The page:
FLEX PETS currently only has locations in New York, Los Angeles, and London (UK) but is rapidly expanding throughout the States and Internationally. Interested in investing in a small business? There are clearly profits to be had if you can get it off the ground; you might want to consider contacting them about franchise opportunities in your area.
However, before making a commitment, do your research; the business is surrounded by a lot of controversy, with people questioning whether the best interests of the dogs are in mind. And, currently there is also a great deal of debate regarding the veracity of the business model outlined above, that has even resulted in legal action; PETFLEX may not be all it claims. If this is a business idea that you favor; enhance the model as it appears on paper to ensure that pets remain safe, happy and well-cared for.
Fairmont Hotels offers dog leasing at three locations to date, and their program's success has shown that pet lovers like to be with a furry friend, even when they're on vacation. At the Boston location, dog Catie Copley, a friendly black lab, has become a kind of celebrity. She lives in the lap of luxury in the lobby where she lounges in her plush bed.
A concierge responsible for her care maintains an appointment book to manage her busy social schedule with the guests of the hotel. They can bring her on day trips around the city, and will be provided a tour book outlining Catie's favorite stomping grounds; or guests can pick more modest encounters like brief walks or runs. However, Catie even has her limitations; she is available for four walks per day, sandwiched between her mandatory two hour siestas. Naturally, Catie also has her own email address, so when you reflect upon your found memories of her during your visit to the Fairmont in Boston, you can let her know she's in your thoughts.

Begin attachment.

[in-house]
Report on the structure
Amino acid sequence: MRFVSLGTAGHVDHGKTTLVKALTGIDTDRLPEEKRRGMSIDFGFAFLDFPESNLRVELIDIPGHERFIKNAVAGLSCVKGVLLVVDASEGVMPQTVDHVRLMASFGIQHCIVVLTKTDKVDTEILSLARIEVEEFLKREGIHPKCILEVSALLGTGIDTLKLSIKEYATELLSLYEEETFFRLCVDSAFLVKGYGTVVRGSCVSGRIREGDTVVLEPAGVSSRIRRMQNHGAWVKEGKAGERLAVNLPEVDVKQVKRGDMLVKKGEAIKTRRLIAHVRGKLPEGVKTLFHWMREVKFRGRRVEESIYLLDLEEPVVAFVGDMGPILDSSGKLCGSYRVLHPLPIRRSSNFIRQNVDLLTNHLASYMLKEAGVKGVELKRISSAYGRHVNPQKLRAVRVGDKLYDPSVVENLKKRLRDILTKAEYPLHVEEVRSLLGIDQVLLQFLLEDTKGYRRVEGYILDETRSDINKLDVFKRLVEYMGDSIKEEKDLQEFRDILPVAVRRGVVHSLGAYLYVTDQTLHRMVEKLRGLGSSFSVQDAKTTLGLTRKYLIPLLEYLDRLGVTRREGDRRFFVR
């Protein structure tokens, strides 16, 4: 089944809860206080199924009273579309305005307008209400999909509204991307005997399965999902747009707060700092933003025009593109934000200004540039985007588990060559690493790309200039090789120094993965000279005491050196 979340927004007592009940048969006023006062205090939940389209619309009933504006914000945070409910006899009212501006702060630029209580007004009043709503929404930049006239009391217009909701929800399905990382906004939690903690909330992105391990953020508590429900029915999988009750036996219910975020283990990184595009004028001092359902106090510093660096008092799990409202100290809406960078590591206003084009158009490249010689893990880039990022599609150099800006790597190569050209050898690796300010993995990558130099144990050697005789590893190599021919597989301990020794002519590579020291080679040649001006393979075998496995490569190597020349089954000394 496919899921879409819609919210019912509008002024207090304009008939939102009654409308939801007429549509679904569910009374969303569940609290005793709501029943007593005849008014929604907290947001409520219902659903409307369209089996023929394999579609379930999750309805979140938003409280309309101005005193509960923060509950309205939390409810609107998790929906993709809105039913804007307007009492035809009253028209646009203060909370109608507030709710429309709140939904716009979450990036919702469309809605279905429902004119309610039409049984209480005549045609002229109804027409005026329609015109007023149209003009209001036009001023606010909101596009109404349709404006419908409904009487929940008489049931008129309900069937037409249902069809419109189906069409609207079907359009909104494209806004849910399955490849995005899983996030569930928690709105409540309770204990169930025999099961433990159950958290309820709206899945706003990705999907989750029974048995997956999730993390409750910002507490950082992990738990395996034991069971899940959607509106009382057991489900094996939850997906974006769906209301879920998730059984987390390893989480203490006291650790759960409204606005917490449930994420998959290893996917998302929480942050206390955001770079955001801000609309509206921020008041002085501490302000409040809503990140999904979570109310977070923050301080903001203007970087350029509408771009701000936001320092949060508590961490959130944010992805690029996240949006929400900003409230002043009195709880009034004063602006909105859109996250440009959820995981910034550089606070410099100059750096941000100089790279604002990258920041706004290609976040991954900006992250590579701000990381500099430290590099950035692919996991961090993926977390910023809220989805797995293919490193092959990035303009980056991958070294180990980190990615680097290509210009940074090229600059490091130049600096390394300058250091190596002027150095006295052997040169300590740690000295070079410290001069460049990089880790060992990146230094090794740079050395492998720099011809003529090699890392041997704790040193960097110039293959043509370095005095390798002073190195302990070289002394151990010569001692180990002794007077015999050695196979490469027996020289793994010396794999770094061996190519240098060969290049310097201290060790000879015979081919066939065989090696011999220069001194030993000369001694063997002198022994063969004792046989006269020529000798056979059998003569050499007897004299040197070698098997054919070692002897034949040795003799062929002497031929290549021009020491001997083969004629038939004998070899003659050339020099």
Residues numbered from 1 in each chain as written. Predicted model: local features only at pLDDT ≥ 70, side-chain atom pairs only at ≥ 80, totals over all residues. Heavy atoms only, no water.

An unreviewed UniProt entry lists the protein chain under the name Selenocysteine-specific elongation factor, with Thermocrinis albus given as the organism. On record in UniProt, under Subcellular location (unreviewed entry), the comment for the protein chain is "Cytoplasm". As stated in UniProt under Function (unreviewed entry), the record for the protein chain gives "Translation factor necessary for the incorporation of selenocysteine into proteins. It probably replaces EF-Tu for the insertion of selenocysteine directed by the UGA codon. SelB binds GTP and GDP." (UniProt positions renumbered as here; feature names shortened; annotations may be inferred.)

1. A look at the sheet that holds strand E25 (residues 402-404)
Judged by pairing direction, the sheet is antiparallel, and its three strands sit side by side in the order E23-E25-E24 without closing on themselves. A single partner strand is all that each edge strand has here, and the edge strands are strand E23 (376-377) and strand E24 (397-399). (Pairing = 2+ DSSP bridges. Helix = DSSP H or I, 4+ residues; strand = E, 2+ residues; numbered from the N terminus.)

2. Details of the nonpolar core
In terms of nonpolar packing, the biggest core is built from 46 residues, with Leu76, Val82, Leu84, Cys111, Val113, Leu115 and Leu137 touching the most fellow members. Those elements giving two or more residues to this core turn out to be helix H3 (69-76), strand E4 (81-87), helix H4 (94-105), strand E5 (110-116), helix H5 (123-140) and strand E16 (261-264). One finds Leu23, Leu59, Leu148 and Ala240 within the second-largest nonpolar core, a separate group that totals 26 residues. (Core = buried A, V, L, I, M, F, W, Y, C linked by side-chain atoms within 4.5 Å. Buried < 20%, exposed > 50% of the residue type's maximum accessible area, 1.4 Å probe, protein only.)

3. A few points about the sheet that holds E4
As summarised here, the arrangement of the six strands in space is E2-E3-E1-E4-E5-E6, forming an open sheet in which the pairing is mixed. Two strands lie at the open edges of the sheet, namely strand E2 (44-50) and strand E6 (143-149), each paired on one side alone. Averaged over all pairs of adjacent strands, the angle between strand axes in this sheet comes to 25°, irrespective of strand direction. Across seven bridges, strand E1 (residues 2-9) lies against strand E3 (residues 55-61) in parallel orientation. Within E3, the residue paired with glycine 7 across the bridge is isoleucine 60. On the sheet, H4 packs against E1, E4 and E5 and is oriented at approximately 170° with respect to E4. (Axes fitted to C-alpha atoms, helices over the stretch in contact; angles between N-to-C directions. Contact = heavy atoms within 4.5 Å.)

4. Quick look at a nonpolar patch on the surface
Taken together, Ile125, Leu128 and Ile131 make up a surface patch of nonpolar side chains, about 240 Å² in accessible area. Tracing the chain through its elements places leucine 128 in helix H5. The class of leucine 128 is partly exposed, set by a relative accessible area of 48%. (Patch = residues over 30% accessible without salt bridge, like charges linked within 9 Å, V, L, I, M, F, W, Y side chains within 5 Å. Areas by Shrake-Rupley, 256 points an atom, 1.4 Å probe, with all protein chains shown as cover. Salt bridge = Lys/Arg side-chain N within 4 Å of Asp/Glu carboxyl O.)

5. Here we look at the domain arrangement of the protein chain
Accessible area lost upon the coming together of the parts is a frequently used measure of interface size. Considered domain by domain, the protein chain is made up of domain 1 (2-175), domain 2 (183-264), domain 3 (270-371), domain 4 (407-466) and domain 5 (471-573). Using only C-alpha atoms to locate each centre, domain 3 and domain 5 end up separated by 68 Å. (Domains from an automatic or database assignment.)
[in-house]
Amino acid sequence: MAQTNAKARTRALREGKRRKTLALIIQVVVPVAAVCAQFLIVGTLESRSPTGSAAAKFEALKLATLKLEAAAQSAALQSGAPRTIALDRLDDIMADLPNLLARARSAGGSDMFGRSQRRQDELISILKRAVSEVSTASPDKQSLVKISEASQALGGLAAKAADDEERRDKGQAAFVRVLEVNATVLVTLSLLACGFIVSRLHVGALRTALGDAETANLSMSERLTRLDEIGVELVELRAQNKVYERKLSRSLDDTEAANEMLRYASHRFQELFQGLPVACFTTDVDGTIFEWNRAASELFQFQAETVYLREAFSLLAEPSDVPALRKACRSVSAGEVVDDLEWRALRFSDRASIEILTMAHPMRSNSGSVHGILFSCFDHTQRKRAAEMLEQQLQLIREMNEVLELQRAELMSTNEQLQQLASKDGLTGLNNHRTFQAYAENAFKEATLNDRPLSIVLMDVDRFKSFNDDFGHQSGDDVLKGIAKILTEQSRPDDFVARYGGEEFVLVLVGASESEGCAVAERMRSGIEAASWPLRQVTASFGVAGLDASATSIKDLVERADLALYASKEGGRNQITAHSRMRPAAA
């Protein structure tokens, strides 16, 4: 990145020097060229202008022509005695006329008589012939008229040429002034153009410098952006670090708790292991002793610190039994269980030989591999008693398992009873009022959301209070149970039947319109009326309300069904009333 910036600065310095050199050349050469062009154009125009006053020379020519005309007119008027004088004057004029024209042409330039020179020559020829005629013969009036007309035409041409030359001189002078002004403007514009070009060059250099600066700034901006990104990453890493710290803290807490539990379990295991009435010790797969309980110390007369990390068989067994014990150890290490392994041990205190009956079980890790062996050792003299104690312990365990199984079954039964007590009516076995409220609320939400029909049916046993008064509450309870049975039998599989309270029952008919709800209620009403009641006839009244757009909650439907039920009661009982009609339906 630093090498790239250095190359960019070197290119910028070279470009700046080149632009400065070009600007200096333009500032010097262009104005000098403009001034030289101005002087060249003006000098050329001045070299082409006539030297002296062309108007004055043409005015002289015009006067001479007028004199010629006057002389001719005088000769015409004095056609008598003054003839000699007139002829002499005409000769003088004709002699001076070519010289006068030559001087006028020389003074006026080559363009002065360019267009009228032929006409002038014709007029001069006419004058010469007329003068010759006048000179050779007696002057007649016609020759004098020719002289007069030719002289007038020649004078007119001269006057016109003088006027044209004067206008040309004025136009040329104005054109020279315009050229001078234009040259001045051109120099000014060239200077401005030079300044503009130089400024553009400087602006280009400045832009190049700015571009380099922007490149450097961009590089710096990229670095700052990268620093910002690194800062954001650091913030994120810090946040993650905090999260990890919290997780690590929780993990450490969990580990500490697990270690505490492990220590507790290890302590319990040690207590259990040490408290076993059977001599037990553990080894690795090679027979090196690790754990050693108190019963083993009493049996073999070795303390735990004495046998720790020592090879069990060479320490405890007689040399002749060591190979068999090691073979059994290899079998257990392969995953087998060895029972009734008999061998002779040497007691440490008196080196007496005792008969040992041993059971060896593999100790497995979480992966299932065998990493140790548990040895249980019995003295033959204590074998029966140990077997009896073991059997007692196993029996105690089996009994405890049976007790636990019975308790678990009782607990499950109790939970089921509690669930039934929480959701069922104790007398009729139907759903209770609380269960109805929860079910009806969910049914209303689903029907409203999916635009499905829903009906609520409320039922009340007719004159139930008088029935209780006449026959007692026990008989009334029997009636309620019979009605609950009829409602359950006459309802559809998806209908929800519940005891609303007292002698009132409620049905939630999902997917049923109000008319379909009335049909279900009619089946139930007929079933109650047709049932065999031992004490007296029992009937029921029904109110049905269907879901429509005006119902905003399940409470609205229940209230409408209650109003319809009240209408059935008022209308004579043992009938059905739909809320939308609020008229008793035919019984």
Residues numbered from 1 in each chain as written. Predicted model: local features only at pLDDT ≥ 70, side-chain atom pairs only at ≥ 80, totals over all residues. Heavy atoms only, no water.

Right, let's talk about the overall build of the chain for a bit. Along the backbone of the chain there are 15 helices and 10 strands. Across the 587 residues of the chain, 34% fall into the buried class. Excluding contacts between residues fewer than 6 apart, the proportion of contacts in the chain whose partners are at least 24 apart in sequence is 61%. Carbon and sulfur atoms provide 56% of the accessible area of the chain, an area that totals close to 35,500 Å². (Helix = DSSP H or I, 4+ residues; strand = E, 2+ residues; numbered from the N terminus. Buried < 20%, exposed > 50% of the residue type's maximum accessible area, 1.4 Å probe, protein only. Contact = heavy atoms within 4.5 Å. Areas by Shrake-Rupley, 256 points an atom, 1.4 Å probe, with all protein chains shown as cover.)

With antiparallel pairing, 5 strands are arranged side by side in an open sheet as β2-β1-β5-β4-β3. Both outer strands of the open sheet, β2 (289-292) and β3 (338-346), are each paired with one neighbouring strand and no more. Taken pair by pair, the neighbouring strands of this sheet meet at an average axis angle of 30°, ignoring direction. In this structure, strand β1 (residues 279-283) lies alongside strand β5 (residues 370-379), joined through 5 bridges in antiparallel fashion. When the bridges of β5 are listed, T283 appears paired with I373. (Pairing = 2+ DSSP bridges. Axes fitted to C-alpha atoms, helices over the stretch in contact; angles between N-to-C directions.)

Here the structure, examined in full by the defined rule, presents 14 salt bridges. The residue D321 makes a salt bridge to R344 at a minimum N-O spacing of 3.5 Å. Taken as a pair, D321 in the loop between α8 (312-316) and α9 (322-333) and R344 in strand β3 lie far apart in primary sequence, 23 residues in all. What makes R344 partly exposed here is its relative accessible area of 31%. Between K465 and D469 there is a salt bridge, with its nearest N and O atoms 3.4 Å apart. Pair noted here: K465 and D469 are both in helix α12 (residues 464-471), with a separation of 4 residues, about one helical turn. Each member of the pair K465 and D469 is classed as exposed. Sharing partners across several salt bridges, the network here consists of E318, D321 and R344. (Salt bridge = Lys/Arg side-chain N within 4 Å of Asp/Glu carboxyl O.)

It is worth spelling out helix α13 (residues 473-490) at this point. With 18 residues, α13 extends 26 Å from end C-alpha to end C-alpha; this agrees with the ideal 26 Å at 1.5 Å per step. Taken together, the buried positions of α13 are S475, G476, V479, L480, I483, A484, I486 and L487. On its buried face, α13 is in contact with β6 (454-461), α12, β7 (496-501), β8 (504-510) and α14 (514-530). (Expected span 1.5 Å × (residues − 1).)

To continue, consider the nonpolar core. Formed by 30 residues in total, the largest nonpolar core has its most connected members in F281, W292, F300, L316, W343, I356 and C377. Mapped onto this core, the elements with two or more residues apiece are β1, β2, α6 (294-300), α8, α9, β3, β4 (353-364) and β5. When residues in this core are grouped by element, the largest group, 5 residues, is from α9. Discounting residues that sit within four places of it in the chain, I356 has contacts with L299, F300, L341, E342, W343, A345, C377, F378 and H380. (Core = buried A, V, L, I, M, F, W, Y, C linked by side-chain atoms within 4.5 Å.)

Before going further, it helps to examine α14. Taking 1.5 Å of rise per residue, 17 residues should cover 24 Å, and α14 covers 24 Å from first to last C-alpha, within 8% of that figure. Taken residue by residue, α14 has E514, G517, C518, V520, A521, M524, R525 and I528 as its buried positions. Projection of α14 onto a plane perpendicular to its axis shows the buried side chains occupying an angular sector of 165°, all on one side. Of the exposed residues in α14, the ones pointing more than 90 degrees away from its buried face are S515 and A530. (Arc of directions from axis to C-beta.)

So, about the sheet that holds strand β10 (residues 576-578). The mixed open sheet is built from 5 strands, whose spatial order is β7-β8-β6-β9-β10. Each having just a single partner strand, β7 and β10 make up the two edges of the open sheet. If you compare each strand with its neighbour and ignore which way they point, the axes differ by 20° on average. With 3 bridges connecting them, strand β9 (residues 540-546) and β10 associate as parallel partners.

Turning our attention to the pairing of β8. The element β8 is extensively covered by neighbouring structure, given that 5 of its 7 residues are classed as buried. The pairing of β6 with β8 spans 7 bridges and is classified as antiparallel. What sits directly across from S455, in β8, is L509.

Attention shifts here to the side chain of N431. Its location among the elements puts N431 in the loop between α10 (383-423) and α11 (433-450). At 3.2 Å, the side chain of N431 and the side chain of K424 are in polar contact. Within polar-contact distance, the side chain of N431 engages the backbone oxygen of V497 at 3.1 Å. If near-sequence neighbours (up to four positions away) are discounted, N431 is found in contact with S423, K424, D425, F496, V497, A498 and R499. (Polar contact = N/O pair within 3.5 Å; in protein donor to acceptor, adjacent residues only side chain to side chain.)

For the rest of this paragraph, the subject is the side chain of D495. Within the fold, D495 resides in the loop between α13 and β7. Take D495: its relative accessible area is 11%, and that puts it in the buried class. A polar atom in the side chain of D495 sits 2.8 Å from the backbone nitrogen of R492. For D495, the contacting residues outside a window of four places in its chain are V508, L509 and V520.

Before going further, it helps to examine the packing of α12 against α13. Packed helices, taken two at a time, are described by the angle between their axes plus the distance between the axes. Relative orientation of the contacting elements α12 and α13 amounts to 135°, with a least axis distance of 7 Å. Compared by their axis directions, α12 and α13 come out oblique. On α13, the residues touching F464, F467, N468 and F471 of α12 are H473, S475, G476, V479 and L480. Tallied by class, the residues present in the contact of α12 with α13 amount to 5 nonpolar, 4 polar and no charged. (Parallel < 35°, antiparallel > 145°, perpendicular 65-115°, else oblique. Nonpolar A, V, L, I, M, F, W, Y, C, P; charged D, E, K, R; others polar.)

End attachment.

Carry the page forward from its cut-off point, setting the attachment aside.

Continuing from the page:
The Ritz-Carlton in Bachelor Gulch , Colorado has a yellow lab, who like the Fairmont's Catie Copley, is in high demand. Don't expect to take their pooch out for a stroll at the last minute, reservations to be his designated pooper-scooper must be made at least a month in advance to guarantee an open time slot in his calendar.
The pet leasing market is a relatively new one. Will this be a business trend that will continue expand to phenomenal profits, or with the state of the US economy will it be a unique concept that remains out of the average person's grasp?
As for me, I'll remain a proud dog order. But, maybe next time boarding is required, I should find someone who will pay me to take them instead of handing over my credit card.
Note: The above article is strictly informational and outlines business models in the pet leasing market. The author's stance on the pet leasing market's impact on the welfare of dogs has not been expressed in the content - this article strictly addresses aspects of the business plan alone. The author has no association with FLEXPETS, and the purpose is not to endorse the specific products or services, beyond presenting the business model as it appears on paper. Please feel free to provide feedback and opinions on the controversial topic in a constructive and appropriate manner.